It would be interesting to look at this from a historical perspective. Over the last thirty years, yields on US treasuries have moved up substantially multiple times. In over two thirds of these instances, this has resulted in gains for equities as well, especially in Asia. Thus, investors need to look at opportunities provided by events of this kind to add exposure to emerging market equities, especially as valuations are reasonable. For example, Indian markets currently quote at a trailing price to book of 2.7 against a historical average of 3.6. Ditto with forward price earning ratios, which are currently at about 14 times, against a historical average of 16 times. With most investors already underweight on Indian equities in their portfolios, we think this is a good time to start buying. In addition, cooling oil and gold prices could be great for the Current Account Deficit that has everyone in India so worried today, providing a further kicker to equities.

Other parts of Asia also seem to have similar valuation opportunities, with a very large part of Asia quoting at a significant discount to long term averages on both PE and PB parameters. Whilst buying equities is always fraught with downside risks over short periods of time, buying at reasonable valuations has always played out well over the long term. Building a diversified portfolio across emerging market equities is recommended, even though it may be tempting due to a home bias, to run a 100% domestic equities portfolio for Indian investors. Investors can also look at equities in markets like the US where a recovery could kick start a virtuous cycle, driven by corporate sitting on cash rich balance sheets, at higher levels than ever before.

On the fixed income side, with the Indian rupee under pressure due to the strength of the US dollar, and inflation likely to reemerge, interest rate cuts could get slower and less predictable, making it important that investors use a combination of both duration strategies like income and dynamic funds, as well as accrual strategies like short term bond  funds, and deposits in their portfolio. In case they were overweight duration strategies, they need to rebalance.

Gold hit a two and a half year low, and whilst it could be tempting for investors to add further to their portfolio, the significant exposure that most Indian portfolios already have to gold through a combination of jewelry and investments, would make it difficult to recommend further exposure.

Whilst it is very tempting to stay out of financial markets at this stage and come back later, market timing simply does not seem to work. So stay invested and keep investing. Of course this assumes you’re in it for the long term.

Ultimately, if you go to North India in summer, you know its going to be very hot. You don’t panic because the temperature has gone above 45 degrees Celsius.

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You have been probably watching reports over the last few days indicating a slowdown in the Indian economy. Some of the lead indicators like automobile sales also seem to be pointing towards that.

While this possible slow-down may have created a certain level of anxiety, you need to remember that the slowdown that is being referred to, still estimates a growth rate of seven per cent to eight per cent per annum, projecting India as one of the fastest growing economies in the world. Other parts of the world including Europe and the US which have a slow paced growth, are exhibiting signs of a further slow-down. Lets take a look at the options available to you during the slowdown.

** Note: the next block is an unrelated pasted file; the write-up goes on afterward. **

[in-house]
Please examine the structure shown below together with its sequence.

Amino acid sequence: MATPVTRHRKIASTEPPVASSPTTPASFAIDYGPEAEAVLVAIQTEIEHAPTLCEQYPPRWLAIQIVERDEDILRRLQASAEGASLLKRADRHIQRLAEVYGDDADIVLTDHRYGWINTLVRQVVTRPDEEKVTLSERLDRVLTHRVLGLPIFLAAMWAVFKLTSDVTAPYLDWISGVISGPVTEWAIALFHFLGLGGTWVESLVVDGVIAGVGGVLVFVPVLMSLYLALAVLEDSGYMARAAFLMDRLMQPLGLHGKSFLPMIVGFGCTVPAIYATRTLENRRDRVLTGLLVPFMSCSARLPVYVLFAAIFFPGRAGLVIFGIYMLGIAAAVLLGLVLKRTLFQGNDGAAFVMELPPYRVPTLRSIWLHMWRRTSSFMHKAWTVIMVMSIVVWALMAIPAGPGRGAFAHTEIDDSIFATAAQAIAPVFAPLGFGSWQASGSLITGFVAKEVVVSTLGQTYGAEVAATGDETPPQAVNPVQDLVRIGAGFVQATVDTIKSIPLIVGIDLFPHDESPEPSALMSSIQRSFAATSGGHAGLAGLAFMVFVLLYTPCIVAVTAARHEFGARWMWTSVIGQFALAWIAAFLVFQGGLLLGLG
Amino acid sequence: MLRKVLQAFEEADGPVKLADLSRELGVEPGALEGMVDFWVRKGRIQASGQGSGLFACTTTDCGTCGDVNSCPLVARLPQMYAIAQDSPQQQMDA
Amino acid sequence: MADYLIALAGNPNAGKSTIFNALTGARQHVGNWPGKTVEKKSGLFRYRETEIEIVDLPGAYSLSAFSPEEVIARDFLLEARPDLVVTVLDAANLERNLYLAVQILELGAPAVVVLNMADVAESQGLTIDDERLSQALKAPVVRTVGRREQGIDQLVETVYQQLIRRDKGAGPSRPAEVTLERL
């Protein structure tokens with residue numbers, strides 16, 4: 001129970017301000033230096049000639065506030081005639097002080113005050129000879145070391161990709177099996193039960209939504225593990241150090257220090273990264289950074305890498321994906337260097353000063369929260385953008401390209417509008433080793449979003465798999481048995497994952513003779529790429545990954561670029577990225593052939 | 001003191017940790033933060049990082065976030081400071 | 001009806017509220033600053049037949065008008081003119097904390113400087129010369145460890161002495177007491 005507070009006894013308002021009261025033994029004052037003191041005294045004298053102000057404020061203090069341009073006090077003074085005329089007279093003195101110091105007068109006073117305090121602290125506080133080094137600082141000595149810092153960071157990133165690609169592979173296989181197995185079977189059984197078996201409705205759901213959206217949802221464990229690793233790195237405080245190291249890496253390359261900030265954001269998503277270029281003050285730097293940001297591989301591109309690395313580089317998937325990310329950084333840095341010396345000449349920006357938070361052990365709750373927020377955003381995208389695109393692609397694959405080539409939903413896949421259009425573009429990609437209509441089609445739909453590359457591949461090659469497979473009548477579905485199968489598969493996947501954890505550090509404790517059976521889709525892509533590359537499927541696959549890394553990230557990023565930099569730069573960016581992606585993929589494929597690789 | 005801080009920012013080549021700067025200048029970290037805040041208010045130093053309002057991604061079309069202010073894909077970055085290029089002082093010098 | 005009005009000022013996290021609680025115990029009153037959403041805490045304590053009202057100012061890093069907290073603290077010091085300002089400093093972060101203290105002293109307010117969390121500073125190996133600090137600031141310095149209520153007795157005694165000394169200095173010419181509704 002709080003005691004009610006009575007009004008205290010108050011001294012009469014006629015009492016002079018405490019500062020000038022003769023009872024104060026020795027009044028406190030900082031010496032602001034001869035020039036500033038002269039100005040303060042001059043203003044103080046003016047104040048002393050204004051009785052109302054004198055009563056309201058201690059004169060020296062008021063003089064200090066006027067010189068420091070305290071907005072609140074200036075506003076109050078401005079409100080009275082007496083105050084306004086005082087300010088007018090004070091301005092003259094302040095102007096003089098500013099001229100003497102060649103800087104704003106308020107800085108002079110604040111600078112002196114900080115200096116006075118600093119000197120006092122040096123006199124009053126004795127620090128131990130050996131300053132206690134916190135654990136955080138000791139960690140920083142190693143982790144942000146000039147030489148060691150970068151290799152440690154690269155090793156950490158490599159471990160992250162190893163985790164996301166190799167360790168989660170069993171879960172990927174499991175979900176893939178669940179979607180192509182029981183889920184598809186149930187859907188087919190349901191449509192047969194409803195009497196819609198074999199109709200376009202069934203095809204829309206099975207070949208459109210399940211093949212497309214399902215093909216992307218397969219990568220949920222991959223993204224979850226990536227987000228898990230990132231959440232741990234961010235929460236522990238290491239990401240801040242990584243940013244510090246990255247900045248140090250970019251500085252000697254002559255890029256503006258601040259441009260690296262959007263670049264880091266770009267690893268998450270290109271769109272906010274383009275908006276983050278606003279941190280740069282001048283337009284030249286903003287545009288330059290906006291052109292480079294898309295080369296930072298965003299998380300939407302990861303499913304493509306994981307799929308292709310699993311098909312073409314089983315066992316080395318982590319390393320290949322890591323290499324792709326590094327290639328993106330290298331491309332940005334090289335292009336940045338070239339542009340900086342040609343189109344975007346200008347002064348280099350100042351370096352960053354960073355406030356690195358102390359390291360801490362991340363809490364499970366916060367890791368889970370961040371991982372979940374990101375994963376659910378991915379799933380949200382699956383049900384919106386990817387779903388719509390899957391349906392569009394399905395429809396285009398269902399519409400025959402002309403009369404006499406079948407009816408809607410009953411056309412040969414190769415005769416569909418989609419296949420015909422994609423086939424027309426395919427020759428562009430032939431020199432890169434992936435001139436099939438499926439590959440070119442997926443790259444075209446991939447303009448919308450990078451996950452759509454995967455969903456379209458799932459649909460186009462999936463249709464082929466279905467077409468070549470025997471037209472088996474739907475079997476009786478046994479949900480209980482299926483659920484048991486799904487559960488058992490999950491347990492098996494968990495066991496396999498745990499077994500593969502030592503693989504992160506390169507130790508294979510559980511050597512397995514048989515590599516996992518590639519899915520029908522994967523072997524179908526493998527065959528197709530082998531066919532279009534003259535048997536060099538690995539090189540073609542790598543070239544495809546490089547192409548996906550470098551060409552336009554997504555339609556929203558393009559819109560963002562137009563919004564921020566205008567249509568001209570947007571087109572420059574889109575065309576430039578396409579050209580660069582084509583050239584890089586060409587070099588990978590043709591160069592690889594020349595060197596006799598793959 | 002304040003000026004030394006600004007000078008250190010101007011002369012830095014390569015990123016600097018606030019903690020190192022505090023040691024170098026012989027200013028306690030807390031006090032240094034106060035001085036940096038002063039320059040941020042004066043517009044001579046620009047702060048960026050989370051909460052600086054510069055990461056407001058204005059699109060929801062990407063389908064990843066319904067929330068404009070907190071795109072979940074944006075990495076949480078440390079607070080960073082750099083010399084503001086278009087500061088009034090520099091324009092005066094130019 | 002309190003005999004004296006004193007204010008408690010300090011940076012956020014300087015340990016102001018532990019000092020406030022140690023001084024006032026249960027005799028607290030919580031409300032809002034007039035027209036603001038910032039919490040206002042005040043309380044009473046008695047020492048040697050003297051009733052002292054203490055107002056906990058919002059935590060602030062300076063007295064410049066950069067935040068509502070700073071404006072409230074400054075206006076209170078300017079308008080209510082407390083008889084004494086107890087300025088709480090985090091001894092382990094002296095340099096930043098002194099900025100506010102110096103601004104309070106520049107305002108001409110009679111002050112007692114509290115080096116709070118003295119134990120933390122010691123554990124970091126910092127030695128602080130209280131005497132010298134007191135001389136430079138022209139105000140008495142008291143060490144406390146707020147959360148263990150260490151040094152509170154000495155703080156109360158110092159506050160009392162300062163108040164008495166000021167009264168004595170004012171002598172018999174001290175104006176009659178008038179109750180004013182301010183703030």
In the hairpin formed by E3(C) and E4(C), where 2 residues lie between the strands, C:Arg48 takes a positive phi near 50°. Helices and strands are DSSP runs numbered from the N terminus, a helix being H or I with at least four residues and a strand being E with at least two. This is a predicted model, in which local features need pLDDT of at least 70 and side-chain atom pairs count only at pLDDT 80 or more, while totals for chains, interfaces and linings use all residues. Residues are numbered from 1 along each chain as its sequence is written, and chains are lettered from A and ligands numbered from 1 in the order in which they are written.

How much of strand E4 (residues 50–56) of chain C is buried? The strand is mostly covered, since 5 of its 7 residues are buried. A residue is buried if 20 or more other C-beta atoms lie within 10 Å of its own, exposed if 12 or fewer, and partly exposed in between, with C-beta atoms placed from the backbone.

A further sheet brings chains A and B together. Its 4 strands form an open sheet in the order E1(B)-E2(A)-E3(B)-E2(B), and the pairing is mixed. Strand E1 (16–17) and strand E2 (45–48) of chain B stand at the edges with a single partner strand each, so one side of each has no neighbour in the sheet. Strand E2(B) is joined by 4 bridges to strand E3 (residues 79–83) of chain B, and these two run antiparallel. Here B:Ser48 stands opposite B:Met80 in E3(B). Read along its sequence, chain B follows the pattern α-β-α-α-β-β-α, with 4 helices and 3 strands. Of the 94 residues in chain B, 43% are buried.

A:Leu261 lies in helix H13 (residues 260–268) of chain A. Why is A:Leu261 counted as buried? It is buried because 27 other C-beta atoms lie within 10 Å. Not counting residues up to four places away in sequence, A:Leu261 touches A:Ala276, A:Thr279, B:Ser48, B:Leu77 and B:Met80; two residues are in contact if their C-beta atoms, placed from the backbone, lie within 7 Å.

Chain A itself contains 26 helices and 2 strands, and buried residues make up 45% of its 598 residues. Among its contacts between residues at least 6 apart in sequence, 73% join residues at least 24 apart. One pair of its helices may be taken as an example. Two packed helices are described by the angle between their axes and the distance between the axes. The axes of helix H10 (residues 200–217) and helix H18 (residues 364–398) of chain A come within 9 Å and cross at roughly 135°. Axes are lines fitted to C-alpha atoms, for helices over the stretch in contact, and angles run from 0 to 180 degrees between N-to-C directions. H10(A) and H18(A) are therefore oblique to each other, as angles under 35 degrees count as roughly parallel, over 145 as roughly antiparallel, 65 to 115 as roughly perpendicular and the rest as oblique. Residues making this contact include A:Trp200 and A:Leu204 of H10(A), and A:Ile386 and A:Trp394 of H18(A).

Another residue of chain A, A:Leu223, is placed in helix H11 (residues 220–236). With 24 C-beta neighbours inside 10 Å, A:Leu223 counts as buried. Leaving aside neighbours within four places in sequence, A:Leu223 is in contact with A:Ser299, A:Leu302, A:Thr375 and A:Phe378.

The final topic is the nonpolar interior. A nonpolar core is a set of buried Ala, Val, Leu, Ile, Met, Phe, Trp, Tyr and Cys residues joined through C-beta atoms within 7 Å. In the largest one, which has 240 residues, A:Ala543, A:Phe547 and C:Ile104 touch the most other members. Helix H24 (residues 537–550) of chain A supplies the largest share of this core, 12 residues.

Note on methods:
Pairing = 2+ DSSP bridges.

Revisit your financial goals:

In case you have any of your goals that are likely to be reached over the next 24 to 36 months, ensure that the funds required for these goals are in fixed income instruments such as bank deposits, short term mutual funds or liquid funds. For example, if you have been saving up for the down payment of a home or sending your child to his or her college of choice in the immediate future and have the money in equities, you do not want to jeopardize that plan due to a sharp stock market correction. If your financial goals are long-term in nature, you need to ensure that your overall asset mix is appropriate for your targeted portfolio returns, and rebalance if necessary.

Ensure that you have 10 per cent of your portfolio in gold:

With gold prices close to lifetime highs, a large number of investors who do not have gold in their portfolio are very hesitant to include gold into their portfolios at these prices. Gold needs to be viewed as a protection for the rest of your portfolio. If you are hesitant to buy gold at these prices, you could consider a systematic exposure to gold through using systematic investment plans (SIPs) in gold mutual funds.

Prepay your Loans:

With returns from fixed deposits, fixed maturity plans and short term bonds at attractive levels, it is very tempting to lock your money at these rates. If you have outstanding loans, restrict your fixed income exposure to emergency funds and use excess funds to prepay your loans. Remember that most of the loans tend to be of the reducing balance in nature while returns from the fixed income instruments are compounded. You may therefore need to take the help of your financial planner to decide whether to prepay your loan or buy that fixed deposit or mutual fund instead.

Keep some money handy for a sharp correction:

In case there is a correction in excess of 10 per cent in the equity markets, make sure that you have some cash handy to increase your equity exposure through buying blue chip stocks, index funds or diversified equity funds with good track records.

Keep adding if the markets fall beyond that as well, so that you can get the benefit of lower equity prices for your long term equity portfolio.

This article was written by Vishal Dhawan, CFPCM and appeared in the Asian Age  on 11th June 2011 .